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Based on data from the National Health Interview Surveys of 2000-2005, researchers from the Centers for Disease Control and Prevention noted a promising trend: nearly half of elderly individuals were up to date on the recommended number of screenings of colorectal cancer.
For each year in the 5-year span, 5000 to 6000 patients reported on their frequency of undergoing colonoscopy and sigmoidoscopy or completing home fecal occult blood tests. According to researchers, the 5-year trend indicated a 19% increase in the number of patients reporting that they were up-to-date on colorectal cancer screening. In addition, nearly two-thirds of individuals who reported a family history of colorectal cancer had undergone testing as recommended in screening guidelines.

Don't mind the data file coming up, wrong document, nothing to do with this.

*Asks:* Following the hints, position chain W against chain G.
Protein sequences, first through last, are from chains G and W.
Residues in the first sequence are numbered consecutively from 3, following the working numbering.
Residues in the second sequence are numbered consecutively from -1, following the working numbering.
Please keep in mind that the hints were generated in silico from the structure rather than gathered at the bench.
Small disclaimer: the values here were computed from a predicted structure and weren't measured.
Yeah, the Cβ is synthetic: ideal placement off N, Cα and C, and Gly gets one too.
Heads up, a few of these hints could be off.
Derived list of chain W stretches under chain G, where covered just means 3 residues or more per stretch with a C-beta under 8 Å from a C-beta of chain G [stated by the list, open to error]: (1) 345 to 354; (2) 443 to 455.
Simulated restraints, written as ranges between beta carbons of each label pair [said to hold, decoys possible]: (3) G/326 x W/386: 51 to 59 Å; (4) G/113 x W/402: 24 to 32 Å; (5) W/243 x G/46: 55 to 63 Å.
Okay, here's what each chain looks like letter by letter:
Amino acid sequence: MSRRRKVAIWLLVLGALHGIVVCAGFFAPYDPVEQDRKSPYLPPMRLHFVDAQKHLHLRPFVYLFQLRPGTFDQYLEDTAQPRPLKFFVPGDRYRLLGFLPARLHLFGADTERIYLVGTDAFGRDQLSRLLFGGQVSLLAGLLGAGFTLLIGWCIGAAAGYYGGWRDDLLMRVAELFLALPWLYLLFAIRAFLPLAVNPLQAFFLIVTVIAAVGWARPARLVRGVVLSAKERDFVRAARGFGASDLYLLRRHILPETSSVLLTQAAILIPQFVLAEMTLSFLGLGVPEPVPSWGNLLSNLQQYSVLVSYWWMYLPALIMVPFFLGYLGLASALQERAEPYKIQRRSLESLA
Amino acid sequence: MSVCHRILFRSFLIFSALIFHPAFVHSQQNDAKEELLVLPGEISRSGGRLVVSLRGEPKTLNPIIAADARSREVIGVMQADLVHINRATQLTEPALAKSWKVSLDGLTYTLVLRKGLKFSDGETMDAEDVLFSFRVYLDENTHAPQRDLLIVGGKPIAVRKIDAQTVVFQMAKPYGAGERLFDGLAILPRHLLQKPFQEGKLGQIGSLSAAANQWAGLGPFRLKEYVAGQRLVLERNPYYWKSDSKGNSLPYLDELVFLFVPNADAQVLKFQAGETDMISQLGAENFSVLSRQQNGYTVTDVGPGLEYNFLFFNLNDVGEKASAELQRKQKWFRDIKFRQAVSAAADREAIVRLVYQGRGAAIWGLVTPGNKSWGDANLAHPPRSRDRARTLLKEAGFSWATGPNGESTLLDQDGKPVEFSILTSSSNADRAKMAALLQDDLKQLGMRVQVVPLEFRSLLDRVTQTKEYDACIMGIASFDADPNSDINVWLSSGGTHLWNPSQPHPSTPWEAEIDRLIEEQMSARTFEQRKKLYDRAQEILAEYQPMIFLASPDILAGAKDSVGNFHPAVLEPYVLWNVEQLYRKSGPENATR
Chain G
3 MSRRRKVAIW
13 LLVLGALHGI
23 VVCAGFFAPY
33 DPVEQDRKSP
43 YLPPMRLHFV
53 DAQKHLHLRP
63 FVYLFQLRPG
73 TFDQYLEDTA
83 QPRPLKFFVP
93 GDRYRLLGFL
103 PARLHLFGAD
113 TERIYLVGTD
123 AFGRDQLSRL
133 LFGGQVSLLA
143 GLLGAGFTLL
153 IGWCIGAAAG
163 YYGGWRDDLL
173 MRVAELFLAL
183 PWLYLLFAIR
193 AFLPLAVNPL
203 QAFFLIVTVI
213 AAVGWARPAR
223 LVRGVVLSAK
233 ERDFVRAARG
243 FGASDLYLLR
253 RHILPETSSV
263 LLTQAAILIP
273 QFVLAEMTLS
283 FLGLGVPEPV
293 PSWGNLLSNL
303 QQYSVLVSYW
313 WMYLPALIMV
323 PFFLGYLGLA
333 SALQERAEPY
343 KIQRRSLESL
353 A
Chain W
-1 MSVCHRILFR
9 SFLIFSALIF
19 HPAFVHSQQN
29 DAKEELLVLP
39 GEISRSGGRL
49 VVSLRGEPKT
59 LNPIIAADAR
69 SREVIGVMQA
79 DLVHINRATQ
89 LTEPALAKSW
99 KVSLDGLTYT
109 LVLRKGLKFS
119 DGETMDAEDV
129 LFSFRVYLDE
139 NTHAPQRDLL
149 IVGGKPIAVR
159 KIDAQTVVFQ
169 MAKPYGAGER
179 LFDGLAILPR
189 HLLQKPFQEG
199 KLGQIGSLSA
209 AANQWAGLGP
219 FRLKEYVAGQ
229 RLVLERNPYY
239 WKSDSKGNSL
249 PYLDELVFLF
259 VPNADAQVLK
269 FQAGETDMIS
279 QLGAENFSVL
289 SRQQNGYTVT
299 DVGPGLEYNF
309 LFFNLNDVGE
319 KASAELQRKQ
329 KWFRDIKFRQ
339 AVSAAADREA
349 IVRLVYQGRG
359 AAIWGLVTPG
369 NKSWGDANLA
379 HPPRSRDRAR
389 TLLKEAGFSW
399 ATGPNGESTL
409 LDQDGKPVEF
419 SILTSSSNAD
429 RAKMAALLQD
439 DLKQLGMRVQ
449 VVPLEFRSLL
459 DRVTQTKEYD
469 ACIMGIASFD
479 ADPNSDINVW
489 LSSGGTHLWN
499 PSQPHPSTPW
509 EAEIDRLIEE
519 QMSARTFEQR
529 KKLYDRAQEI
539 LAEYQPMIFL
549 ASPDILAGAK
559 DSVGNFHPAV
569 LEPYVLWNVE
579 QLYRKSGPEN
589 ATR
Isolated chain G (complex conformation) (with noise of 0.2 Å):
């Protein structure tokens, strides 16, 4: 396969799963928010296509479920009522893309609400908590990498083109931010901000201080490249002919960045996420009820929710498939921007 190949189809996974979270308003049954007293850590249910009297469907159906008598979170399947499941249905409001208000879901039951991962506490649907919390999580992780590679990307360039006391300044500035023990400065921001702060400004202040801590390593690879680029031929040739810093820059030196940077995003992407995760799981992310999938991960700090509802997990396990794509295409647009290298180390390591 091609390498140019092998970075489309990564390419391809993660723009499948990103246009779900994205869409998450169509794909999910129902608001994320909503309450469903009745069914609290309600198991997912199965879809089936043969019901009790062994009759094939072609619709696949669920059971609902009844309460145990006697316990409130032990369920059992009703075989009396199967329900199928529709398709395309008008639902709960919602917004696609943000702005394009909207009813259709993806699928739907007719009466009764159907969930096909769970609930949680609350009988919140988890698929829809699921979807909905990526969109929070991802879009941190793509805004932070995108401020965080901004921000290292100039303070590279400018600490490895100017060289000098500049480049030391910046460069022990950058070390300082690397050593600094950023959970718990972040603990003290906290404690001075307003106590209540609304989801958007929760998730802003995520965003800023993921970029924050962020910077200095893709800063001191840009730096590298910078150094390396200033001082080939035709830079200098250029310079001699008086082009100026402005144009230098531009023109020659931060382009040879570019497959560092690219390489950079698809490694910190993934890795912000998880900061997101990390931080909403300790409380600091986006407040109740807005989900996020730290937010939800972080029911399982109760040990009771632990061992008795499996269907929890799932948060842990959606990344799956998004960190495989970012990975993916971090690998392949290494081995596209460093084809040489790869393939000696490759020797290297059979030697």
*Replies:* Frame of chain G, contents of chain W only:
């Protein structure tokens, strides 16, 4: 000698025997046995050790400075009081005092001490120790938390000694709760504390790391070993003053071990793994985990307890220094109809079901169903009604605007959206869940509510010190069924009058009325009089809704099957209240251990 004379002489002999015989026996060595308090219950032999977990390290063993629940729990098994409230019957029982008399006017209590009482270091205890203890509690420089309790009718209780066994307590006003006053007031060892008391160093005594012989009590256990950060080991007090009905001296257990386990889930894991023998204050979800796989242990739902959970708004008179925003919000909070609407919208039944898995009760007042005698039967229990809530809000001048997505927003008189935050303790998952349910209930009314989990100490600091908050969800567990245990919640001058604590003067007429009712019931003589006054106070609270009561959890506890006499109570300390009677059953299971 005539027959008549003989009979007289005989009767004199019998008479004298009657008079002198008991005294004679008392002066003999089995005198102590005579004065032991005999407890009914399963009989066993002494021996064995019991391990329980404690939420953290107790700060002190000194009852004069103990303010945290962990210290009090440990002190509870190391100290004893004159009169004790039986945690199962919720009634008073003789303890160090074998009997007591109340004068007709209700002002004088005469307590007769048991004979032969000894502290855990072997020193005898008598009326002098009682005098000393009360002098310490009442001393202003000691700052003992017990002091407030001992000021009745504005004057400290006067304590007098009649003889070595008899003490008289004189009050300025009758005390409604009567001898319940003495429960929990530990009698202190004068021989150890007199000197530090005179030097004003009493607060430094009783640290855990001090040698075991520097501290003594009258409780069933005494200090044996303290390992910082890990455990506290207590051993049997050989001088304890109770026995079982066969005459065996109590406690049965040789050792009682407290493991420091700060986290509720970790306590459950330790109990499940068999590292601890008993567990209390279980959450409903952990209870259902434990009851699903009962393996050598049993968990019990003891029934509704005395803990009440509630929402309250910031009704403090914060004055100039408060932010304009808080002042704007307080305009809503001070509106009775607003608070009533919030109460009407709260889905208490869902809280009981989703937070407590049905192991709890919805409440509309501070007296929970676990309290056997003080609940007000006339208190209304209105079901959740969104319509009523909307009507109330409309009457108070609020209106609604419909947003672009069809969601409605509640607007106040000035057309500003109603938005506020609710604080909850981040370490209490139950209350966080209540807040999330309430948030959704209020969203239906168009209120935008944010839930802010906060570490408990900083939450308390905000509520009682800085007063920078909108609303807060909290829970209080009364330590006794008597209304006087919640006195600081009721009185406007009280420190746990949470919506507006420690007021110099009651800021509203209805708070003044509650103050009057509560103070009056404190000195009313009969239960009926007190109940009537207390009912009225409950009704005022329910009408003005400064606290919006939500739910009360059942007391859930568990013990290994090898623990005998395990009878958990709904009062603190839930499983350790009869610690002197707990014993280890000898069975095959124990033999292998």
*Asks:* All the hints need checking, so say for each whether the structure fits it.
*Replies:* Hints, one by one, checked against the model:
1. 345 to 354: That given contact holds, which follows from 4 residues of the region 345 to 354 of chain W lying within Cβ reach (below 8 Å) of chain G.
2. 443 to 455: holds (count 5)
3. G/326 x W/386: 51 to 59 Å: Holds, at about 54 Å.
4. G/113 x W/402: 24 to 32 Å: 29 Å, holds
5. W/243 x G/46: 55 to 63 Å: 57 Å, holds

Elderly patients without health insurance and those who had no primary care provider reported having the fewest tests. The youngest elderly respondents had the highest screening rates, and the rate dropped as patients increased in age.
Perhaps most importantly, the study observed that the profile of the most frequent method of testing changed from 2000 to 2005. In 2000-2004, fecal occult blood testing dominated colorectal cancer screening, whereas colonoscopy accounted for the majority of colorectal screens performed in 2005. Investigators remarked that Medicare’s 2001 decision to approve reimbursement for colonoscopies likely had a strong positive effect in driving colorectal cancer screening.
Chen X, White MC, Peipins LA, et al. Increase in screening for colorectal cancer in older Americans: Results from a national survey. J Am Geriatr Soc. 2008;56:1511-1516.